The American Recovery and Reinvestment Act of 2009 (also known as the “Federal Stimulus Program”) has put electronic medical records (also known as EMR or EHR Software) on the map like never before. Previously the product of choice for large medical organizations such as hospitals and HMOs, smaller clinics and single doctor practices are now looking at adopting EMR systems in larger numbers than ever before.
Despite reports to the contrary, EMR software isn’t just for huge organizations that benefit from “economies of scale”. In fact, smaller practices have discovered the huge advantages of EMR, and are reaping the benefits. Some these include:
- Workflow Efficiencies – It’s a fact of life: medical practices and clinics that use paper medical records rarely have experts “design” their practice workflows. Meanwhile, every electronic medical records vendor worth its salt will automatically design a workflow process that is customized to the practice when installing a new system. With greater efficiencies come more time, and we all know that time is money. electronic shops banashankari
- Space – Just like time, if there’s something the single doctor practice or clinic rarely has too much of, it’s space. Paper medical records take up space. Sometime quite a lot of it, especially in a growing practice. Meanwhile, electronic medical records are typically stored on a single database, accessible via network within the office. No longer is it necessary to dedicate a room to storing paper medical records. By computerizing, the amount of storage is greatly reduced.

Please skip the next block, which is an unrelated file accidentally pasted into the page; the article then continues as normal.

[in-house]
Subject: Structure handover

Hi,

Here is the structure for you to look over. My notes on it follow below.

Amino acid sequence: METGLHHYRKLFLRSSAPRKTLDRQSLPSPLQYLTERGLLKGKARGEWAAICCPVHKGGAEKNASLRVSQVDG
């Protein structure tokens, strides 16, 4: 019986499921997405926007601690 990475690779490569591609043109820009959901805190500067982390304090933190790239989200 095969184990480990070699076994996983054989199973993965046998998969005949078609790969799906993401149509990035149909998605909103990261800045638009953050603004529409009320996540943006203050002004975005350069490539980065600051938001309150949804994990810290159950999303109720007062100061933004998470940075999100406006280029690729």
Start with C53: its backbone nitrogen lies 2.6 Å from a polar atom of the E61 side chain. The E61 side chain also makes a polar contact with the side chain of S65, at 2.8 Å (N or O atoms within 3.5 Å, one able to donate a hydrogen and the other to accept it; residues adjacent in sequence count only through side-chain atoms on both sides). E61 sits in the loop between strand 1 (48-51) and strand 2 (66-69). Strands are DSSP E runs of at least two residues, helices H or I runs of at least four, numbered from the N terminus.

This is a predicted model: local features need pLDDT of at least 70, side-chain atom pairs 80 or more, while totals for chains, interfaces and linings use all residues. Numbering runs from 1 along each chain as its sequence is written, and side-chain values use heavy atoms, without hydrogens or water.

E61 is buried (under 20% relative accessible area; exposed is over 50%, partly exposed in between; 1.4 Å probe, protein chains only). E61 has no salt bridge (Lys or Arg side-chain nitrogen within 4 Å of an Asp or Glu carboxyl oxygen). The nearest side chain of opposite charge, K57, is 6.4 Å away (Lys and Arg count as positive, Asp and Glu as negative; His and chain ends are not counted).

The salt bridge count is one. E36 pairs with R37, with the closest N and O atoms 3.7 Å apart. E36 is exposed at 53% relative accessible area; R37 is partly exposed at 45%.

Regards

- Error Reduction – Although doctors never like to admit it, they are human. Which means despite the most concentrated of efforts in diagnosis and record keeping, errors are made. Whether those errors are from improper transcription, handwriting illegibility, or miscommunication, simply put, they happen. Because EMR notes are recorded via keyboard, typos are easily seen, and a single format means that all records are consistent. Consistency reduces far more errors than most doctors assume.
- Transportability – Today’s doctor is always on the move. Long gone are the days when a practitioner is in his office 95% of the day. With outcalls, multi-practice setups and in-hospital consultations, today’s doctor needs the ability to access his patient records immediately, and often remotely. Electronic medical records accomplishes this safely, and with speed. Using a simple PDA or smart phone, a doctor can review charts, add to notes or schedule future visits – all from a remote location. The savings in courier costs alone are amazing.
- Incentives – The Federal Stimulus Program offers an additional $44,000 in Medicare rebate incentives or up to $64,000 in Medicaid for doctors that “meaningfully adopt” electronic medical records in their practices. This means, quite simply, that the Federal Government is in fact paying doctors to adopt EMR. What’s more, if you do not adopt it, your practice will encounter Medicare and Medicaid payment reductions starting in 2015.